leaf-grid is even more useful when you design your pages mobile-first, design pages to look good on the smaller viewport you plan to support and then just enhance from there.
The default column modifiers you saw so far work on mobile and beyond, but what about changing the UI behavior in a bigger screen?
There are special modifiers that can be used to target specific viewport ranges.
We have 5 pre-defined breakpoints:
- The default
.lf-grid__col--*, where * is the column space modifier as you already know. This applies to any screen size.
.lf-grid__col--sm-*is the small breakpoint for large smartphones and small tablets screens.
lf-grid__col--md-*is the medium breakpoint for tablets.
lf-grid__col--lg-*is the large breakpoint for landscape tablets and desktops.
lf-grid__col--xl-*is the extra large breakpoint for wide desktops and TVs.
Knowing that you can mix and match those special modifiers to create a responsive experience.
Home<!-- Give all the space you have left to fit -->InfoContactAbout
Notice that as the grid is mobile first the larger the breakpoint you set will apply for all the screen sizes above that breakpoint.
That's why when you don't set any special modifier the column space will be equal across any size.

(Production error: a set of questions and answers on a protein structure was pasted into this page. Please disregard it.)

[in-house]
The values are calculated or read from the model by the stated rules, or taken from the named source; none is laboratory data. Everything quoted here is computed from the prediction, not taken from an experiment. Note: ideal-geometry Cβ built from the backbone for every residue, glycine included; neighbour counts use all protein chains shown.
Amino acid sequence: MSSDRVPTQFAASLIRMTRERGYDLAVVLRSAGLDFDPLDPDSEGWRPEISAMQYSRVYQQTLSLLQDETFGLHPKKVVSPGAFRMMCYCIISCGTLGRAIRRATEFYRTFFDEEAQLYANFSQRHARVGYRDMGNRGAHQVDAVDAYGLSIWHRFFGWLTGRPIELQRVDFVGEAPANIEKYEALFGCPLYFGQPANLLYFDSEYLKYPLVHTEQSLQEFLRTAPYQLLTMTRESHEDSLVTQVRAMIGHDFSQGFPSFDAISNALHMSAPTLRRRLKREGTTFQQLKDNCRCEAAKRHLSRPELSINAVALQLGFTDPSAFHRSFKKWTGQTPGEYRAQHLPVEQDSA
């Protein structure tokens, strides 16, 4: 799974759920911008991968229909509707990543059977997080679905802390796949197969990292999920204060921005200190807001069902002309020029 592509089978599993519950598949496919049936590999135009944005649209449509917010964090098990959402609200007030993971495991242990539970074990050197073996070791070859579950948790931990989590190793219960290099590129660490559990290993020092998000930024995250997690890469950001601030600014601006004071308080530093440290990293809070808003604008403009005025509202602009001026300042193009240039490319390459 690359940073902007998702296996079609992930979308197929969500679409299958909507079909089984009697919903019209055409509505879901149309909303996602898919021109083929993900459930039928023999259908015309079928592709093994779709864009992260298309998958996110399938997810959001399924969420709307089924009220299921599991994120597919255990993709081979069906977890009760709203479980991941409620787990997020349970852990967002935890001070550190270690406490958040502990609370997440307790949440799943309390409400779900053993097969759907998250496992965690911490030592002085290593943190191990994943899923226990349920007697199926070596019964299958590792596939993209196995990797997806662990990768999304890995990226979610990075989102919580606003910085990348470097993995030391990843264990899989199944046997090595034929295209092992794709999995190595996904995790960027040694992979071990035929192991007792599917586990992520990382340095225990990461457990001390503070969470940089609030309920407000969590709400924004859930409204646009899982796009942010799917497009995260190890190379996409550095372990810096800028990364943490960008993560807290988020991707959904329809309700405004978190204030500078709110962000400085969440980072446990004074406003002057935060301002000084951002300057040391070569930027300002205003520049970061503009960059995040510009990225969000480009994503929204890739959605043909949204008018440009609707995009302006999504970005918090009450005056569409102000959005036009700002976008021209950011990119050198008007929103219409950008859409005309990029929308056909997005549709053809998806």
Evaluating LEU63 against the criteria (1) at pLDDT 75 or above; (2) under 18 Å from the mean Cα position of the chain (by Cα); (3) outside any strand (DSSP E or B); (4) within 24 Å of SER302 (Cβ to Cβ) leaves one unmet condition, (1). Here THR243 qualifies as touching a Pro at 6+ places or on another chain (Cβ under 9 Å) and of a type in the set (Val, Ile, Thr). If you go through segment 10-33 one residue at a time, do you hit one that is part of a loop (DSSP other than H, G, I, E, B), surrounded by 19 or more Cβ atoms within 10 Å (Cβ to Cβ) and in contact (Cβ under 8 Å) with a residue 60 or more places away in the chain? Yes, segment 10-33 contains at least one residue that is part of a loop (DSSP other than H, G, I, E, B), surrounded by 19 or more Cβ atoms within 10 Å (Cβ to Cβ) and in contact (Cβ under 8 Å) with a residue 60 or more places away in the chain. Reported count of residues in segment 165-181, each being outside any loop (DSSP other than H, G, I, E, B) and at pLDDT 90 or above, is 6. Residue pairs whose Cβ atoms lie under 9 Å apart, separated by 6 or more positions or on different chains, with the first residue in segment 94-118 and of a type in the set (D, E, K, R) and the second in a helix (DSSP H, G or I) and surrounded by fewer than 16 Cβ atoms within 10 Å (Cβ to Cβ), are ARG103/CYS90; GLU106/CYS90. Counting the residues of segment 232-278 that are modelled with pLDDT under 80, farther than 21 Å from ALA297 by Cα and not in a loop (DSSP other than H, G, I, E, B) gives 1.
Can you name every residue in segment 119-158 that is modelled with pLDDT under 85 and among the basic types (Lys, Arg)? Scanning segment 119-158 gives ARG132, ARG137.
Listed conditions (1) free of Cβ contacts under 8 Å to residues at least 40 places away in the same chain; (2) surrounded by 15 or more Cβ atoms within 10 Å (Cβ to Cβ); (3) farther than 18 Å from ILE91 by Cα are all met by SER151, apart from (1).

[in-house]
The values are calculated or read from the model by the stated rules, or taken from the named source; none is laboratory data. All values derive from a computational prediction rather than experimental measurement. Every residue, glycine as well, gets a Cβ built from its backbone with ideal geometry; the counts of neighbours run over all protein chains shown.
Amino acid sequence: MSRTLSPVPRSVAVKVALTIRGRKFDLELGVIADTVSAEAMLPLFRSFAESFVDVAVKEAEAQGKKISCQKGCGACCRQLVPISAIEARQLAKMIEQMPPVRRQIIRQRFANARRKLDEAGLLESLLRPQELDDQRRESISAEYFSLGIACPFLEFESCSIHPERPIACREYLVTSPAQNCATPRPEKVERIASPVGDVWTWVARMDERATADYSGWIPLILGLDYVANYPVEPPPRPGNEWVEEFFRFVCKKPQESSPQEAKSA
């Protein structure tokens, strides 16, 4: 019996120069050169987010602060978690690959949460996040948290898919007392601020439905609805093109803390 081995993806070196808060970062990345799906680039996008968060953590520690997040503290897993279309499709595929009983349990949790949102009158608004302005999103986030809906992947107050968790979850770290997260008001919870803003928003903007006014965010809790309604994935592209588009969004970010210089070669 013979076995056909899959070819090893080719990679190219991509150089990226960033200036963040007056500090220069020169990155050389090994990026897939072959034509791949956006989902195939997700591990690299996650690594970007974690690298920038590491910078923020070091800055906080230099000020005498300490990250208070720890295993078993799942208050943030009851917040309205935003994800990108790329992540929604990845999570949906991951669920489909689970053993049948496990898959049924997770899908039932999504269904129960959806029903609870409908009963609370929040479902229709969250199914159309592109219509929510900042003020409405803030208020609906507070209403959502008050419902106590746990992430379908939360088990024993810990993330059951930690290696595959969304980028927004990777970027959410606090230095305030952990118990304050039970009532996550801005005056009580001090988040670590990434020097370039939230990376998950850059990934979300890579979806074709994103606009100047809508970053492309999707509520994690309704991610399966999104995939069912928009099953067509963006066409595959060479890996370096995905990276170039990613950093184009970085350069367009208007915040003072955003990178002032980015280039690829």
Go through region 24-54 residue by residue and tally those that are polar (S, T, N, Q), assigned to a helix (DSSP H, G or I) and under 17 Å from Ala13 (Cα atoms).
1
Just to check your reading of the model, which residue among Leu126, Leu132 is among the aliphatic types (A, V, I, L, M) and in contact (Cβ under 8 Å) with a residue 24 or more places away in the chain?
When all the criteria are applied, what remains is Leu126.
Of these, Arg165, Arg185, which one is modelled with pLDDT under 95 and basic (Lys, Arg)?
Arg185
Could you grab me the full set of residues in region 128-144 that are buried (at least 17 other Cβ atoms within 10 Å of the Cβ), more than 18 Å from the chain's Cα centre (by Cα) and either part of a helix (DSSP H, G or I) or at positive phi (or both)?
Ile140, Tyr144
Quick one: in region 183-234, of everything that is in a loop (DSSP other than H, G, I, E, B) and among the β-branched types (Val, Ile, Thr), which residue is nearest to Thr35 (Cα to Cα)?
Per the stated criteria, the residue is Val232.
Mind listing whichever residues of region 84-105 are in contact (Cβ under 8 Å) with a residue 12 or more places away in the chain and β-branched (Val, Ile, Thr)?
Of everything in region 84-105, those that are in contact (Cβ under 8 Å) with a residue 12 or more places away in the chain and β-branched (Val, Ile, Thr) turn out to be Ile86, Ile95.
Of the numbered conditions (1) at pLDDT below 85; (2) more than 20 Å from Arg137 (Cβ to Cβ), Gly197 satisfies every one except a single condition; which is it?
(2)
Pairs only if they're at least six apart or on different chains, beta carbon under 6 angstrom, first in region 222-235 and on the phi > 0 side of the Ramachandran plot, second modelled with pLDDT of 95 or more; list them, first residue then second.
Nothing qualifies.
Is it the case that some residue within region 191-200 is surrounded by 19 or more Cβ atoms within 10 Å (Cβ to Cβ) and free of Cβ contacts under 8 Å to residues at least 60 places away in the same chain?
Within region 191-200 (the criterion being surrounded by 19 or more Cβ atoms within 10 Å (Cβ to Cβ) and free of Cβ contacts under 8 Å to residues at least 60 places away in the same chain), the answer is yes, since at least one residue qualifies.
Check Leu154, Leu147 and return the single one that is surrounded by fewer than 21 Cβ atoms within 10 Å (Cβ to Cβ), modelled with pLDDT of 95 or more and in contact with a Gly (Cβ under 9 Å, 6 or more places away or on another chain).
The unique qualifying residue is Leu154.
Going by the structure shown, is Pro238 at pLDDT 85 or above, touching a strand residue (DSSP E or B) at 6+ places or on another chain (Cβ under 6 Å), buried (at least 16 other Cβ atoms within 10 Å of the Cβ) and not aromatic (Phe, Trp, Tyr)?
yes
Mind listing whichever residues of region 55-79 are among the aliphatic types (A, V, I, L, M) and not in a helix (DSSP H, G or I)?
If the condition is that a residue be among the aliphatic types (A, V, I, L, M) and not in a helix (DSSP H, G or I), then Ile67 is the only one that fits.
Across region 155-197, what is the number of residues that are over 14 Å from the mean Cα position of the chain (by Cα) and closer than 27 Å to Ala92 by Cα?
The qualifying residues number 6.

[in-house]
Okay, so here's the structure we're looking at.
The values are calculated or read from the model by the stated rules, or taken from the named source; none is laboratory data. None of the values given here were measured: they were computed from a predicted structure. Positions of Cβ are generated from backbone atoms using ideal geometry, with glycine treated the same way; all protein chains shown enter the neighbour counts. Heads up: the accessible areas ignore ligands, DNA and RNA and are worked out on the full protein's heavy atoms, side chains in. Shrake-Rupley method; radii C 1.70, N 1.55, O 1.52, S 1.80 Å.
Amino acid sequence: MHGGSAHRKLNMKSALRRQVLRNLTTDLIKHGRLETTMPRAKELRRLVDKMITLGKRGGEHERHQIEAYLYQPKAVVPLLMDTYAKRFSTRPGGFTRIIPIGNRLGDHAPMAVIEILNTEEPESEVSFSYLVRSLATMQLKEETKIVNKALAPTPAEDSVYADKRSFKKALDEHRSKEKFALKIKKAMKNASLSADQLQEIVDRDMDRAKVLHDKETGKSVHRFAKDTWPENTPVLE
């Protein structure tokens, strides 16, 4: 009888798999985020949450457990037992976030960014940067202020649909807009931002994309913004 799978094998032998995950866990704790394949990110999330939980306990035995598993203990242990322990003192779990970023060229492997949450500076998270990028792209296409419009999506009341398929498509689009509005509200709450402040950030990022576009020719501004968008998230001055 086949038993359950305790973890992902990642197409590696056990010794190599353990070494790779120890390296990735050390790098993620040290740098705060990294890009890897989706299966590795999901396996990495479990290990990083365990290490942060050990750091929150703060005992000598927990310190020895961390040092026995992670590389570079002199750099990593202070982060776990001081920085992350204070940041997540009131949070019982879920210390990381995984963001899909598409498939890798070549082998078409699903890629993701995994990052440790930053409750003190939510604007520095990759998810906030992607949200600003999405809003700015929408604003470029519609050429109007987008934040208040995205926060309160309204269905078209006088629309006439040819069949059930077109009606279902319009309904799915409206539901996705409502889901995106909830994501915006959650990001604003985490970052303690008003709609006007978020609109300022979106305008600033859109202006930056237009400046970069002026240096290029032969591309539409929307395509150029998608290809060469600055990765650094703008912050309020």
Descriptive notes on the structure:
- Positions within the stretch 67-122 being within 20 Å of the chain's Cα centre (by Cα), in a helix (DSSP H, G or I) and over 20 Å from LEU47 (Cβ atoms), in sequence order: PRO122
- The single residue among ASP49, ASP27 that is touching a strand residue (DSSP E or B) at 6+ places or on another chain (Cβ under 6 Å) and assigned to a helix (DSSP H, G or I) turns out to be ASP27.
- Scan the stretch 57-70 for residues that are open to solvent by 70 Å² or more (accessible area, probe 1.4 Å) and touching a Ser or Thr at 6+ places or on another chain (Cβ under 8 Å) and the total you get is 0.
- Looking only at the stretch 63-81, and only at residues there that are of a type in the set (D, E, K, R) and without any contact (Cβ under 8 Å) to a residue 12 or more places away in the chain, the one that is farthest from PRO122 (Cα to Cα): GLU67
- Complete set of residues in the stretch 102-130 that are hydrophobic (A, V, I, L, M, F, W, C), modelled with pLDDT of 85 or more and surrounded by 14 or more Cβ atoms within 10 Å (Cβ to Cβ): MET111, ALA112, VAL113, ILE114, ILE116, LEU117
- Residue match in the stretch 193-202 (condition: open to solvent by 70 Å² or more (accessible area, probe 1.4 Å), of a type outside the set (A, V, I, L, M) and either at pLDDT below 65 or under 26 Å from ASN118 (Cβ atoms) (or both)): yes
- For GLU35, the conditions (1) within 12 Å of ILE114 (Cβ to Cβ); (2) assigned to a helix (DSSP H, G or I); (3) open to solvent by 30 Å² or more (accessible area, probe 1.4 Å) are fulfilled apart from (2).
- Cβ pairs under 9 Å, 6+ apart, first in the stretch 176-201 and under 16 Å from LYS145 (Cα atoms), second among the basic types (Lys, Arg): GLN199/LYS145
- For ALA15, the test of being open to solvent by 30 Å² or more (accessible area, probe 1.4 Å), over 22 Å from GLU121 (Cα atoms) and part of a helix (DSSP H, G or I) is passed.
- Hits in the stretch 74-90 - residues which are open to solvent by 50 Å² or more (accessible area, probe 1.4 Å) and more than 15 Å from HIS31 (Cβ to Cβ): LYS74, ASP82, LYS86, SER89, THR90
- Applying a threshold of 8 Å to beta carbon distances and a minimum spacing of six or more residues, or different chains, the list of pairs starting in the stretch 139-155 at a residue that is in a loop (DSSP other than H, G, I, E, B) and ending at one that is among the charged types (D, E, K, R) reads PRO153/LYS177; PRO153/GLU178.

One of the cool things about flexbox grids is that they don't care about flow direction.
You can just turn any grid into a vertical grid using the special grid modifier
<!-- Asking for vertical grid --><!-- Asking for 25% of vertical grid space 4/12 -->25%<!-- Give all the space you have left to fit -->75%
Other special modifiers for the grid
Besides creating vertical grid there are more things you can do to make the grid just like you want.
You can, for example, set the grid start at the center. So that any column is filled from the inside.
I'm on the horizontal center of the grid!
But, what if you want to center things vertically? No problem, there's another special modifier for that. It's called
.lf-grid--cross-center. In fact it's called cross-center because it will always center views in the opposite direction of the grid.
If the grid is horizontal it will center vertically and if the grid is vertical it will center horizontally.
I'm on the vertical center of the grid!